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Tuesday, 10 February 2009

Breaking news: Advocate General opines in L'Oréal v Bellure

This afternoon, after an interminable delay, the Opinion of Advocate General Mengozzi of the Court of Justice of the European Communities was finally posted on the Curia website in Case C-487/07 L'Oréal SA, Lancôme parfums et beauté & Cie SNC, Laboratoire Garnier & Cie v Bellure NV, Malaika Investments Ltd, trading as "Honey pot cosmetic & Perfumery Sales"), Starion International Ltd, a reference for a preliminary ruling from Court of Appeal (England and Wales) made on 5 November 2007.

Right: for some, the transaction from look-alike to smell-alike is no big deal ...

This case arises from a bitterly contested dispute relating to the referential use of well known perfume trade marks in order to indicate the similarity of the brand owner's scent to that of a cheap smell-alike competitor. The IPKat will be giving his further thoughts on this Opinion once he has read it. In the meantime, the Advocate General's recommendation, shorn of analysis and reasoning, looks like this:

"(1) Article 5(1)(a) of ... Council Directive 89/104 ... must be interpreted as meaning that the proprietor of a trade mark is not entitled to prohibit use by a third party in comparative advertising of a sign that is identical with that mark for goods or services which are identical with those for which the mark is registered where such use does not affect or is not liable to affect the mark’s essential function of providing a guarantee of origin or any of the mark’s other functions and that is the case even if such use plays a significant role in the promotion of the advertiser’s goods and, in particular, permits that advertiser to take unfair advantage of the mark’s reputation

(2) Article 3a(1)(g) of Council Directive 84/450 ... concerning misleading and comparative advertising, as amended ..., must be interpreted as meaning that it is not possible to conclude on the simple basis of the fact that a trader, in a comparison list, compares his product with a product identified by a well known mark that the advertiser takes unfair advantage of that mark’s reputation and that if, where such an advantage exists, it can be presumed that the public at whom the advertising is directed is caused to associate the proprietor of the well known mark with the advertiser in such a way that the public might associate by way of extension the reputation of the former’s products with those of the latter, it is for the national court to determine whether that advantage is unfair in the light of all the relevant individual circumstances of the case.

(3) Article 3a(1)(h) of Directive 84/450, as amended ..., must be interpreted as meaning that:

it prohibits an advertisement which alludes, explicitly or by implication, bearing in mind its economic context, to the fact that the advertiser’s product has been manufactured in such a way as to imitate or reproduce a product protected by another person’s mark, even where only one or more of the essential characteristics of that product is alluded to; and,

– consequently, it does not prohibit an advertisement solely on the ground that it states that the advertiser’s product has an essential characteristic that is identical with that of a product bearing a protected trade mark, including well known marks. [Still trying to work out how these paragraphs relate to one another. Has a word or two been left out?]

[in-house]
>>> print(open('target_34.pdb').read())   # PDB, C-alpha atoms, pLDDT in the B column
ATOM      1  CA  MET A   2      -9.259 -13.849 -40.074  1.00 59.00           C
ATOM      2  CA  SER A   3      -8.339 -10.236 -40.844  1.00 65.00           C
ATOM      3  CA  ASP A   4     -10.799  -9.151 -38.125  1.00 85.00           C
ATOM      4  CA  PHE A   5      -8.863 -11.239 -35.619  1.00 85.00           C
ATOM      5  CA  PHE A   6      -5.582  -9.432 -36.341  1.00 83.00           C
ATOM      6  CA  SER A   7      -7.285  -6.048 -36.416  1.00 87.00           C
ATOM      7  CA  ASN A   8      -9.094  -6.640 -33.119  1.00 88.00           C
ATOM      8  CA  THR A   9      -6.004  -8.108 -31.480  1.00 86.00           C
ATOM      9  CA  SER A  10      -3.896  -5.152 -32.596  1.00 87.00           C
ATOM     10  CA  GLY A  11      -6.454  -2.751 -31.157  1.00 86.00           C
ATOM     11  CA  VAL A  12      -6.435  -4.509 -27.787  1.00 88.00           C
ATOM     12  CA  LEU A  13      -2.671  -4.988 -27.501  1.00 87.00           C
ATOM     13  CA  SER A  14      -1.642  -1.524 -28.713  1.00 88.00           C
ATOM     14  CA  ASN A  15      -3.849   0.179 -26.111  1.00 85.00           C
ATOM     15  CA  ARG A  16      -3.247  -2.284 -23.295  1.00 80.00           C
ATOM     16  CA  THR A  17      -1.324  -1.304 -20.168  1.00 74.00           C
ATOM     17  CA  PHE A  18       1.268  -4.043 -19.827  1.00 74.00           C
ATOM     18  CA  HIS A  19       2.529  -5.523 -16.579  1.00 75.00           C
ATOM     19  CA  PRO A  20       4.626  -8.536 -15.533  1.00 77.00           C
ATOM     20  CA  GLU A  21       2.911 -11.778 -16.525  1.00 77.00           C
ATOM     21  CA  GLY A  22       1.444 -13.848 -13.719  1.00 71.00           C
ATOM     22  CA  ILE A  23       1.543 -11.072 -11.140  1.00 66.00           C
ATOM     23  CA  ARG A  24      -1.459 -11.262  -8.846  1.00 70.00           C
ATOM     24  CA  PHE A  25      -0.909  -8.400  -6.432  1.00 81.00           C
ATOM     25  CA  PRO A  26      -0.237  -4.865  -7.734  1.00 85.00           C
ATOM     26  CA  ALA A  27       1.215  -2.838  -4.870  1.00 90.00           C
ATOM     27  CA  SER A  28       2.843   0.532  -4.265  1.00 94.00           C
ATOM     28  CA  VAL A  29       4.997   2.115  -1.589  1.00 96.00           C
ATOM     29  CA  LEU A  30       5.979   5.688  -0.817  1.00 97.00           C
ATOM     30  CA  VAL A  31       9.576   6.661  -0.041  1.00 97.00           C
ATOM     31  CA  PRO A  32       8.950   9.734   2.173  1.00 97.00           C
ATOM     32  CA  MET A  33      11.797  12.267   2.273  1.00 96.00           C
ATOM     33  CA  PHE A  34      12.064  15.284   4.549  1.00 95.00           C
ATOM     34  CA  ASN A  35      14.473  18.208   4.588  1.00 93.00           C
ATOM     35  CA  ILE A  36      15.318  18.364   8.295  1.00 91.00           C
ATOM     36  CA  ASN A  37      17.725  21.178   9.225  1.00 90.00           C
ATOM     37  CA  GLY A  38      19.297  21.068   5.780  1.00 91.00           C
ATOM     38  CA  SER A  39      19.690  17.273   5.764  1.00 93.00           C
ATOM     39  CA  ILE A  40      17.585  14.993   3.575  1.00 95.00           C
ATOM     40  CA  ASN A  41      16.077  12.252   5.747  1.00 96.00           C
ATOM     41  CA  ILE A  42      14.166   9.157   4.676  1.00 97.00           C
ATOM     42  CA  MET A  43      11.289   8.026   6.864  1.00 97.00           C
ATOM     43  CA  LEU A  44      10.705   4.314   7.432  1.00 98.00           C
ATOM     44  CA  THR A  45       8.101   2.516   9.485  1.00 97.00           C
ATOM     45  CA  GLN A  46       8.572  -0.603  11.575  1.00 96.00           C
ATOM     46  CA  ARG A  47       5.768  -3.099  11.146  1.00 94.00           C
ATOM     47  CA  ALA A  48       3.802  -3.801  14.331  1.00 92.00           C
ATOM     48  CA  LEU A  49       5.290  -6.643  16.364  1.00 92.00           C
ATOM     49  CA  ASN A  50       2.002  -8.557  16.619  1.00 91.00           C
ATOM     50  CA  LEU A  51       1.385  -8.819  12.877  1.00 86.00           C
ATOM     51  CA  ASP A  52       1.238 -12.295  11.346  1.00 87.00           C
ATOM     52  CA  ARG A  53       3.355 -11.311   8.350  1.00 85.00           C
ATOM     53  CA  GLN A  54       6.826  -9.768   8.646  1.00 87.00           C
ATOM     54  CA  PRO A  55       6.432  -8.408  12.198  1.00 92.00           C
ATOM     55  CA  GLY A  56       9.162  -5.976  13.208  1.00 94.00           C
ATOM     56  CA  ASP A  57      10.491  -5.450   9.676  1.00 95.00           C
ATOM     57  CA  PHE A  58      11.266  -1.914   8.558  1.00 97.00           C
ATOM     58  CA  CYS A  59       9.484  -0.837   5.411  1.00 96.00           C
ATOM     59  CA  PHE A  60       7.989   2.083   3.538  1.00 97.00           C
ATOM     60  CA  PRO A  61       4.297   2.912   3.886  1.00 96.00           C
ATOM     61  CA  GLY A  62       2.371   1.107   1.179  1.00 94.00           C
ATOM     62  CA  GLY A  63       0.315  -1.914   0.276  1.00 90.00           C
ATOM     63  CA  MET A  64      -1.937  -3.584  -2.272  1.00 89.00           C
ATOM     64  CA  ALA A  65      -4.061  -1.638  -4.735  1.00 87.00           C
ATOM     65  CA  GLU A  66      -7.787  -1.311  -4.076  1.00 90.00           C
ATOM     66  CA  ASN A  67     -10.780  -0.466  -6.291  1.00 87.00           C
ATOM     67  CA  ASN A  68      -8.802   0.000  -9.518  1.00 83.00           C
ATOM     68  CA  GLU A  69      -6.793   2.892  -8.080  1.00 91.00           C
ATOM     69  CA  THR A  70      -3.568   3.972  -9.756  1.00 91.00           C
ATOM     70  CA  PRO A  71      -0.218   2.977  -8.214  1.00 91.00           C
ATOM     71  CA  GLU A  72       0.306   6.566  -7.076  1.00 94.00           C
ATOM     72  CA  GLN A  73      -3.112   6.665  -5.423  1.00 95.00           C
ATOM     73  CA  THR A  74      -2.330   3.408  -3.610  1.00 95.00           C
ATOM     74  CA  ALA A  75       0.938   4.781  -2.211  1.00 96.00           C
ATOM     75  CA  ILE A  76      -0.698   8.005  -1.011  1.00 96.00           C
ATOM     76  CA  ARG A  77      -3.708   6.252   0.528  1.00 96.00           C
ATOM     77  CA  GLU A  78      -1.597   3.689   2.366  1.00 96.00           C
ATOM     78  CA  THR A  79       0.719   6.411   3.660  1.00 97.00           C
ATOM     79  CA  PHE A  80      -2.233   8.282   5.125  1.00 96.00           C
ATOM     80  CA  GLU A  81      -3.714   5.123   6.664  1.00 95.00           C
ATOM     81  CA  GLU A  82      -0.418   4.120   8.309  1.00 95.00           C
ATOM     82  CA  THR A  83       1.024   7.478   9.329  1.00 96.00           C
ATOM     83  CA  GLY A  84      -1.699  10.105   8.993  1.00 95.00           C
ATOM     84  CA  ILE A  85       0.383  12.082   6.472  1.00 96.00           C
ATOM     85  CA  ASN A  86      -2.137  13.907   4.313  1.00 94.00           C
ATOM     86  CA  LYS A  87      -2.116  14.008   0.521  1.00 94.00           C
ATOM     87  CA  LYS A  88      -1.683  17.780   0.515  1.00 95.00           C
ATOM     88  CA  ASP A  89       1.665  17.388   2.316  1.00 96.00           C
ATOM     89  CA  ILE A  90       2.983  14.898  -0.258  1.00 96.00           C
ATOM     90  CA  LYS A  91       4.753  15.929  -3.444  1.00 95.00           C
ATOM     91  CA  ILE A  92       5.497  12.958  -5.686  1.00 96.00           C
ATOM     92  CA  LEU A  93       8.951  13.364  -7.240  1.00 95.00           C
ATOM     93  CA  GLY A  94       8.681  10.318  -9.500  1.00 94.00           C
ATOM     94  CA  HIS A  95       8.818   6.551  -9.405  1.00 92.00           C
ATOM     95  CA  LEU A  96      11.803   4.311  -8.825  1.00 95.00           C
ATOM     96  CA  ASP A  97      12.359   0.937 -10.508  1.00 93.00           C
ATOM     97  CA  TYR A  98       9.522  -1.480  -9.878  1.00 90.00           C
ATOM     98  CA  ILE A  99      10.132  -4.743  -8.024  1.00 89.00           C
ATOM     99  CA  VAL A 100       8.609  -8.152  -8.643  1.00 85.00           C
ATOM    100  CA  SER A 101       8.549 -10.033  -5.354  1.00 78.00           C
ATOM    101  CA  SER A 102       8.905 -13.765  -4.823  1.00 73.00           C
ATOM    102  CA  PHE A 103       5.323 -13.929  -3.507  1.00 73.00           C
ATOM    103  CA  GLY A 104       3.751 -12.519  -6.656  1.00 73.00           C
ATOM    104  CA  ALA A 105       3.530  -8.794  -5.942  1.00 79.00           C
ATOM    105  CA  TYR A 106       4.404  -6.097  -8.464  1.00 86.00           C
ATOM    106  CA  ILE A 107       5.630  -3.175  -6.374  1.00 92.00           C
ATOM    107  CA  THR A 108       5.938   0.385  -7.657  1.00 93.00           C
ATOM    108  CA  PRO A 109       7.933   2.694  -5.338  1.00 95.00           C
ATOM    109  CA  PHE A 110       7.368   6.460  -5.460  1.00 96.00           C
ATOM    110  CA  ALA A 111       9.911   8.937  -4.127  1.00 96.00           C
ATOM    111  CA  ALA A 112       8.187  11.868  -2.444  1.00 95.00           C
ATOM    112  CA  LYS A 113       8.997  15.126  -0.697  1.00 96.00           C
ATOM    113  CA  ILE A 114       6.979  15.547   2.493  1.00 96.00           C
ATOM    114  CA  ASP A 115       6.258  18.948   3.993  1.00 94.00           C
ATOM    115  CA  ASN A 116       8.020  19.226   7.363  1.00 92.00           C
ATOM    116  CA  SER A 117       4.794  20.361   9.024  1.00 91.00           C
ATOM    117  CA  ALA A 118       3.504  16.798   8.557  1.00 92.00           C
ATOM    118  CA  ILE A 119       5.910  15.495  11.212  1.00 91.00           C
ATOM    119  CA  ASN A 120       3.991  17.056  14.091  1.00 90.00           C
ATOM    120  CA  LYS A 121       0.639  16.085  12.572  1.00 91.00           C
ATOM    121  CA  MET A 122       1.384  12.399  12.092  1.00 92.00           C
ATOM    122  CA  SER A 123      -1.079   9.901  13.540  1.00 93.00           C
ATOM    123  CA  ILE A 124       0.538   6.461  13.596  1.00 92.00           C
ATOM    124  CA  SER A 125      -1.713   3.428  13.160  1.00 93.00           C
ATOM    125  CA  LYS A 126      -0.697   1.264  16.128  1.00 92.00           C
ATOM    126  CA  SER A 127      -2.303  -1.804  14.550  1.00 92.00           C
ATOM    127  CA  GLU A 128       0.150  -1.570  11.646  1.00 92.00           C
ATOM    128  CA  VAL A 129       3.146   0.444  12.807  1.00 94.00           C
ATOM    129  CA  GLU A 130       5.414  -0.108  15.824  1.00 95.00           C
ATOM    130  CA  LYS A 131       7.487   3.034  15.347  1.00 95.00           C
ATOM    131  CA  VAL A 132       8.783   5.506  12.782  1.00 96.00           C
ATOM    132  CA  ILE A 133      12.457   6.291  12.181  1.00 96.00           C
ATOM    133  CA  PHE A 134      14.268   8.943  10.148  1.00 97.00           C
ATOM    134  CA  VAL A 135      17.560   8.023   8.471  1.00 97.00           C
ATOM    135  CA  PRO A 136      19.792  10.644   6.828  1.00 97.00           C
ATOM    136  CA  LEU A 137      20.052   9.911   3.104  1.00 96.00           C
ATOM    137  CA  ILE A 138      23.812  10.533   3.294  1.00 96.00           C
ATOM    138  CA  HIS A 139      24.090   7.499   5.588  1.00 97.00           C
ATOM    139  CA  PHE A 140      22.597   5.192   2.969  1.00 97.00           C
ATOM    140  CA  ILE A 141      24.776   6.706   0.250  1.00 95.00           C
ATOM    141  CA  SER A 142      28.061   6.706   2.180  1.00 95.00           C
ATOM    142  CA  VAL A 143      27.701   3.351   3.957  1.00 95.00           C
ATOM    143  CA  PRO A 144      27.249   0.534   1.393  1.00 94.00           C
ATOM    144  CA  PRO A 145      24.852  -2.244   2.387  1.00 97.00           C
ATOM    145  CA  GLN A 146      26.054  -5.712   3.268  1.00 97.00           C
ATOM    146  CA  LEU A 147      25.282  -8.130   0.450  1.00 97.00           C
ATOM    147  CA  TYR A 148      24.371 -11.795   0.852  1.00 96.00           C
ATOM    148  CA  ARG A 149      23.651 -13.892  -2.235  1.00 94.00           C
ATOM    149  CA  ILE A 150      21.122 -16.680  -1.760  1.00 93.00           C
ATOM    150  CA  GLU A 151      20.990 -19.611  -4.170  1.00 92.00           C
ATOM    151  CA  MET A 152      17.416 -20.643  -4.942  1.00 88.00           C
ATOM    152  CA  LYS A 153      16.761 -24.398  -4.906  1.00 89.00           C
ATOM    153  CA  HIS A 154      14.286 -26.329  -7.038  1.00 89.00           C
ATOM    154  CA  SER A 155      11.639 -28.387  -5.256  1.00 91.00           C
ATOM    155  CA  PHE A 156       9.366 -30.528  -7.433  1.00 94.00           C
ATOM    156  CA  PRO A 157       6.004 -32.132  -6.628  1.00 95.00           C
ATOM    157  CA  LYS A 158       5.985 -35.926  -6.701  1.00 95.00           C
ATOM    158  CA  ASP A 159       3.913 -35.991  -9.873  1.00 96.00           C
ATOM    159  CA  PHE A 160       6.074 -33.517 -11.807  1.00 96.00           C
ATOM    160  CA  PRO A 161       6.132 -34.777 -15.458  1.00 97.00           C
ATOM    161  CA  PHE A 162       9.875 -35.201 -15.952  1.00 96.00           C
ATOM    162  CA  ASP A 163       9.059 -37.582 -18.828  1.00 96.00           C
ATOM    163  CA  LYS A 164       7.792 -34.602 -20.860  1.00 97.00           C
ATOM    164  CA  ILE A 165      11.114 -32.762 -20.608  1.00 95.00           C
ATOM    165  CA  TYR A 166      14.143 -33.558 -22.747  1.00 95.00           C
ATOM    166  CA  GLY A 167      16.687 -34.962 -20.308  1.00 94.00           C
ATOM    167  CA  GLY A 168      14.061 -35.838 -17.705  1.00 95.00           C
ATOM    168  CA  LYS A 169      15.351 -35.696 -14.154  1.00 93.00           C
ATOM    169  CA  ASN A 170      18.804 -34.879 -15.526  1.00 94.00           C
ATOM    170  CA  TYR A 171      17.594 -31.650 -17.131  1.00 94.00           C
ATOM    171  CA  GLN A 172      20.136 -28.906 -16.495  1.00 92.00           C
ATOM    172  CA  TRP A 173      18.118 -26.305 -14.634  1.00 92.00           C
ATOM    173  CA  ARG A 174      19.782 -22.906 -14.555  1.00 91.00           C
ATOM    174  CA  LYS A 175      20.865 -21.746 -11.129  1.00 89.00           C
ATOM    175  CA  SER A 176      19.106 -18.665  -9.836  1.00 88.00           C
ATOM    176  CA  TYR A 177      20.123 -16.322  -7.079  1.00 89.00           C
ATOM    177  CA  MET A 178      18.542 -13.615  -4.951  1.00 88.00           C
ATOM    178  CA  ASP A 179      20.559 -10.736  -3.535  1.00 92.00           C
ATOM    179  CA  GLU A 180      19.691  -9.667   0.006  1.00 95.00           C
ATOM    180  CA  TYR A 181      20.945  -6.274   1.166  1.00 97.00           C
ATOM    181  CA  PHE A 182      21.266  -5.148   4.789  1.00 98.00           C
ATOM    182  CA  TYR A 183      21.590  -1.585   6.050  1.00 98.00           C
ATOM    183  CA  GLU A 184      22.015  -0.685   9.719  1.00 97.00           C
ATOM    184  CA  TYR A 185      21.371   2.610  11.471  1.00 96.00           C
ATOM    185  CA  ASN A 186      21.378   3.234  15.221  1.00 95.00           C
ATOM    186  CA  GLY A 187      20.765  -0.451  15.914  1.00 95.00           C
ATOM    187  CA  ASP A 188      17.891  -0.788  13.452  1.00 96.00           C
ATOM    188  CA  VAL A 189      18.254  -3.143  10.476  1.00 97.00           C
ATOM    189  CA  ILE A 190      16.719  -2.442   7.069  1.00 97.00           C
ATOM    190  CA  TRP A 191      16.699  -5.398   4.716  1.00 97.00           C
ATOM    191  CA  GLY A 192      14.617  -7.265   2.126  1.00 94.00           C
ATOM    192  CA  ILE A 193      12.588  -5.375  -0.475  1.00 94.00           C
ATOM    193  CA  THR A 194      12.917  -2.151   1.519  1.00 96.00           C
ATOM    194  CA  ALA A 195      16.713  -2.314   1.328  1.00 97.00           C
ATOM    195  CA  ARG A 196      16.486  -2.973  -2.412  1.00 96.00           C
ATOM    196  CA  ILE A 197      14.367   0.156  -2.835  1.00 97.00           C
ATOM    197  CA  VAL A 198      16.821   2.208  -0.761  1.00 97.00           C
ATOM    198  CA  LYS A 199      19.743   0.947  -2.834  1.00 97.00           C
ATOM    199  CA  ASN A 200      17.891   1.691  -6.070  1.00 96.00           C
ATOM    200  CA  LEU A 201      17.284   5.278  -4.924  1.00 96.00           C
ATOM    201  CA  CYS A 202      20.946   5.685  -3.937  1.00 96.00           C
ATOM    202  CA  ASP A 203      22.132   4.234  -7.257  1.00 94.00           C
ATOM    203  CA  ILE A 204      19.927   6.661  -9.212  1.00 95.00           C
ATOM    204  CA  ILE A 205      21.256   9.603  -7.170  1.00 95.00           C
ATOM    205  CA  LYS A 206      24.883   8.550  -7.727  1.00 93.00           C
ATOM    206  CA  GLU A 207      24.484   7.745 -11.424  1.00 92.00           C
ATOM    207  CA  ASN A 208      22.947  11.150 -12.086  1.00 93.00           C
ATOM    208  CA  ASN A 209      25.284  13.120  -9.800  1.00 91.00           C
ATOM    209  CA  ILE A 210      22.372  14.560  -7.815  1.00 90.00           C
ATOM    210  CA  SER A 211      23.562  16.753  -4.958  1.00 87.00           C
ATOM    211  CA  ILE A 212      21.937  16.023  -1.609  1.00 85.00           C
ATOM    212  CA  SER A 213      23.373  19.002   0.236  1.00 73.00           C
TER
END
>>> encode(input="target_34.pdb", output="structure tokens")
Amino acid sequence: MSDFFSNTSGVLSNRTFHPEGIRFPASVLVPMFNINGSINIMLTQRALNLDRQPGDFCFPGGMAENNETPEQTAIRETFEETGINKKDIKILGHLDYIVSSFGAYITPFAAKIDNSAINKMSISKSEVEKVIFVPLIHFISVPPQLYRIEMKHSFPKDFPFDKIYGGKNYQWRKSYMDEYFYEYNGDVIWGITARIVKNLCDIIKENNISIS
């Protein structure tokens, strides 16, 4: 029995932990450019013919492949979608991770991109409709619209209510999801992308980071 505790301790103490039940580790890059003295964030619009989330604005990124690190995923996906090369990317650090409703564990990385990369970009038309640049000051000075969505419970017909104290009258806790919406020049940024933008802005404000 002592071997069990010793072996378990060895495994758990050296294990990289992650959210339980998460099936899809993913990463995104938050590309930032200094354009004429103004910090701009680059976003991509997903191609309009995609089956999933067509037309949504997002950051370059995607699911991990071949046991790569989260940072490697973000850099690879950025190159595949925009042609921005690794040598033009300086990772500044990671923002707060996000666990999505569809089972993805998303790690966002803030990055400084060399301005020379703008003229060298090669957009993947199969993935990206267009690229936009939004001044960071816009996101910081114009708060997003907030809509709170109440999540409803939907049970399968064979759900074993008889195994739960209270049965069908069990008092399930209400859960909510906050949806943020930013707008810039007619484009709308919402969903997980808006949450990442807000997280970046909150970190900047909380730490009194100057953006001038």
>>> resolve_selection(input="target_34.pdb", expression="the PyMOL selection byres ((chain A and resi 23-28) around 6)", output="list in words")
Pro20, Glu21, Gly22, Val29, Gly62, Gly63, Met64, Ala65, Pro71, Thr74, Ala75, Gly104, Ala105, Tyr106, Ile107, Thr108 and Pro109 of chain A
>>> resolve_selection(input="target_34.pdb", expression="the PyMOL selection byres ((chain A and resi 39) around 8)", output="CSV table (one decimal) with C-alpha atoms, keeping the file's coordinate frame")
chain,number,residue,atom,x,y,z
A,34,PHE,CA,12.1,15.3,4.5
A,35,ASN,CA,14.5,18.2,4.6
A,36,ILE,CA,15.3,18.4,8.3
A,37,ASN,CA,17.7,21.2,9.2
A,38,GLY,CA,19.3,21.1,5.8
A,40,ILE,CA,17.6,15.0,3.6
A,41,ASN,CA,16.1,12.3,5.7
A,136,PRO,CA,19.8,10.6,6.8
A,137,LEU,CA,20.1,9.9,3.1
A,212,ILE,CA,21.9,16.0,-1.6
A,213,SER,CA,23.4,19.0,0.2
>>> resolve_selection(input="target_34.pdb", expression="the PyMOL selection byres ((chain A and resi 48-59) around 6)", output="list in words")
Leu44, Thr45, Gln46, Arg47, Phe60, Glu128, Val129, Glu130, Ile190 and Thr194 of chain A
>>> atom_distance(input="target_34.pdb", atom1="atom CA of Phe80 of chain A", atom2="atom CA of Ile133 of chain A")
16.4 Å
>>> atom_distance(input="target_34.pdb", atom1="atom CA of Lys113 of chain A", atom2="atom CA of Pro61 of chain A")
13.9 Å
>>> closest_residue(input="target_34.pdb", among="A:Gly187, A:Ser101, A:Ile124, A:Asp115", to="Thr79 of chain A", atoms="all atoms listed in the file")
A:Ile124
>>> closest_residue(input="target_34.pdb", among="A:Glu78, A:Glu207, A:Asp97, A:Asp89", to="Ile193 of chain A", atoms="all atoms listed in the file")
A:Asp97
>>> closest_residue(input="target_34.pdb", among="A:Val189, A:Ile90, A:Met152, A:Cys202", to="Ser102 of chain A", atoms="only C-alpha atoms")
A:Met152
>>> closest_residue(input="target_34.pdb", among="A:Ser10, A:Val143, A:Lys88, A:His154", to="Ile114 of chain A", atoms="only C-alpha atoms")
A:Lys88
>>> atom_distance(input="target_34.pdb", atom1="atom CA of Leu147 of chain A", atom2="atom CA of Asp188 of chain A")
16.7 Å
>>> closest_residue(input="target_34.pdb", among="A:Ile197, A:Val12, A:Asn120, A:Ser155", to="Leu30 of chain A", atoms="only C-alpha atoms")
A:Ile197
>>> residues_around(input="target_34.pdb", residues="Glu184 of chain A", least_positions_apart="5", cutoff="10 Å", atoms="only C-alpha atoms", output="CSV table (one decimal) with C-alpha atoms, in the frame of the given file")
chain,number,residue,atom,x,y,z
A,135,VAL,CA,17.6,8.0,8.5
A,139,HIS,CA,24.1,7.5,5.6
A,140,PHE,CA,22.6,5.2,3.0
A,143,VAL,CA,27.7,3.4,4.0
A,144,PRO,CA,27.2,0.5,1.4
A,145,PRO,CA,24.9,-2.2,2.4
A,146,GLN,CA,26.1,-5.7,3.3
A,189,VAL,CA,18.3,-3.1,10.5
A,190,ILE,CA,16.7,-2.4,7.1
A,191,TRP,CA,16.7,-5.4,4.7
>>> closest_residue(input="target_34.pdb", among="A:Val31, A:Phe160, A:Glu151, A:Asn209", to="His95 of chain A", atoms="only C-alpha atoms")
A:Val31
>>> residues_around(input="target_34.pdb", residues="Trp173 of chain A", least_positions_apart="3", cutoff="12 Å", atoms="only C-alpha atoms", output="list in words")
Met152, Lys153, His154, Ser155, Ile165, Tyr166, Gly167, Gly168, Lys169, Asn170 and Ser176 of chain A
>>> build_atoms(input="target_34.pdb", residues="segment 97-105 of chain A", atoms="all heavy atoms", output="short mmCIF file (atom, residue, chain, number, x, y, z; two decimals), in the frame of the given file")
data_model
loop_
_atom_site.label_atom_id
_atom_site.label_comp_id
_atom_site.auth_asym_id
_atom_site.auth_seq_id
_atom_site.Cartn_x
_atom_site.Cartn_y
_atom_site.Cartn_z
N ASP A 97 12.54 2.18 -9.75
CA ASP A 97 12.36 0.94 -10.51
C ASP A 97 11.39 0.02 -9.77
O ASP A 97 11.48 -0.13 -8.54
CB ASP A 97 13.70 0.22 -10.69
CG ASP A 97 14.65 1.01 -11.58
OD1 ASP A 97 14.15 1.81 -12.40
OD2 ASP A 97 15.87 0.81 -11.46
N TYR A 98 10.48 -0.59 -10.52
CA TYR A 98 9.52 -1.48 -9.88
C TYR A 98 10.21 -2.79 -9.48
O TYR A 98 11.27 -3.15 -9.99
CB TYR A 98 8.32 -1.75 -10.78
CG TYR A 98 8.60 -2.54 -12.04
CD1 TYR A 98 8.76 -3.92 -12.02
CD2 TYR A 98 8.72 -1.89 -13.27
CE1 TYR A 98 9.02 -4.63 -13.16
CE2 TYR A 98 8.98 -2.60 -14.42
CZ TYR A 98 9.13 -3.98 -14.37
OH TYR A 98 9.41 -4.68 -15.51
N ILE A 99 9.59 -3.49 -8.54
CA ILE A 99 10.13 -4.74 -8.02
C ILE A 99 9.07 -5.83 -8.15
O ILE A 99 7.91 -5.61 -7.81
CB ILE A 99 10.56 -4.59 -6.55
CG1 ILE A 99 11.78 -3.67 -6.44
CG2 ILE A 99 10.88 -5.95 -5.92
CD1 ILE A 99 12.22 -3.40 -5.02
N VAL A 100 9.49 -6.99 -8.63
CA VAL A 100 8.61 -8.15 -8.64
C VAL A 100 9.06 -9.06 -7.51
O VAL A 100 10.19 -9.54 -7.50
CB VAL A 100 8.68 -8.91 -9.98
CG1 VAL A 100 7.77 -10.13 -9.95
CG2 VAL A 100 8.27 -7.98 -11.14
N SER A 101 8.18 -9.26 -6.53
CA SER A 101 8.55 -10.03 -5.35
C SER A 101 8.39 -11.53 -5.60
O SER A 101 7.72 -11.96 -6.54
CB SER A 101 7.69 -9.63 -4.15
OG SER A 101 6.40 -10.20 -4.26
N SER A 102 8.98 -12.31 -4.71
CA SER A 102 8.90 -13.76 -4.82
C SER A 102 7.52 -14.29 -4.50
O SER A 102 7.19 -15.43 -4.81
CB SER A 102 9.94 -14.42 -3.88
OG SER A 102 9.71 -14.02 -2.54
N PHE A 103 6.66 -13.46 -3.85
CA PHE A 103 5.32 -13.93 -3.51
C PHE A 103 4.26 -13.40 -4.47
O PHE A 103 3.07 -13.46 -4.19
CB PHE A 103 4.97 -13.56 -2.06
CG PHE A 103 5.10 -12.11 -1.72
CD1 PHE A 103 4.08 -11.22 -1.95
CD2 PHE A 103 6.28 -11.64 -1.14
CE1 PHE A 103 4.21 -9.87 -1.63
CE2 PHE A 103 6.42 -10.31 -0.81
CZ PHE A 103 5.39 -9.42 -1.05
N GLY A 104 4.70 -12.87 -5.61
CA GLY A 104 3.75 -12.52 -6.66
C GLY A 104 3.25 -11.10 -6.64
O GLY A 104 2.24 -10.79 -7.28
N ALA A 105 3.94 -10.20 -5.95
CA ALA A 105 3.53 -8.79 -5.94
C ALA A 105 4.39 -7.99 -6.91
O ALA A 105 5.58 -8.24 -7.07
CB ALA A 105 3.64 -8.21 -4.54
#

(4) Article 5(2) of Directive 89/104 must be interpreted as meaning that:

where a trader uses a sign that is similar to another person’s mark and derives an advantage from this originating in that similarity and in the consequential association of that sign with the positive qualities of that mark, such use may be prohibited if it is without due cause, which cannot be the advantage itself, or, where due cause is shown, if it is apparent, taking such due cause and all the relevant circumstances of the case into account, that that advantage is unfair; [Still trying to fathom this out too ...]

that prohibition cannot be precluded on account of the fact that there is no effect (or likelihood of any effect) on the mark’s essential function of providing a guarantee of origin, no effect (or likelihood of any effect) on the mark’s distinctive character or reputation and such use has no impact on the sales of the products identified by the mark or on the return on the investments made in connection with that mark".
IPKat note on the Court of Appeal's reference for a preliminary ruling here
Perfume Bloggers aggregator of perfume blogs here
Create your own fragrance here and here

2 comments:

Anonymous said...

The AG's conclusions on 3a(1)(h) of Directive 84/450 (although at first glance irreconcilable) attempts to draw a distinction between advertising claiming a product has an essential characteristic of another trade marked product (which the AG says is ok) and advertising claiming that a product not only has an essential characteristic but has it as a consequence of a deliberate and sucessful attempt to imitate/reproduce that characteristic - see para 84 of the opinion.

Hugo Cox said...

So, comparative advertising is unfair if it doesn't benefit consumers. The consumer is happy when she (or her bloke) learns how to save money or buy something she wouldn't otherwise have been able to afford. She's less amused when her exclusive smell becomes commonplace. But the Court of Appeal has already made up its mind that Bellure's products won't damage the reputation (or sales) of L'Oreal's...

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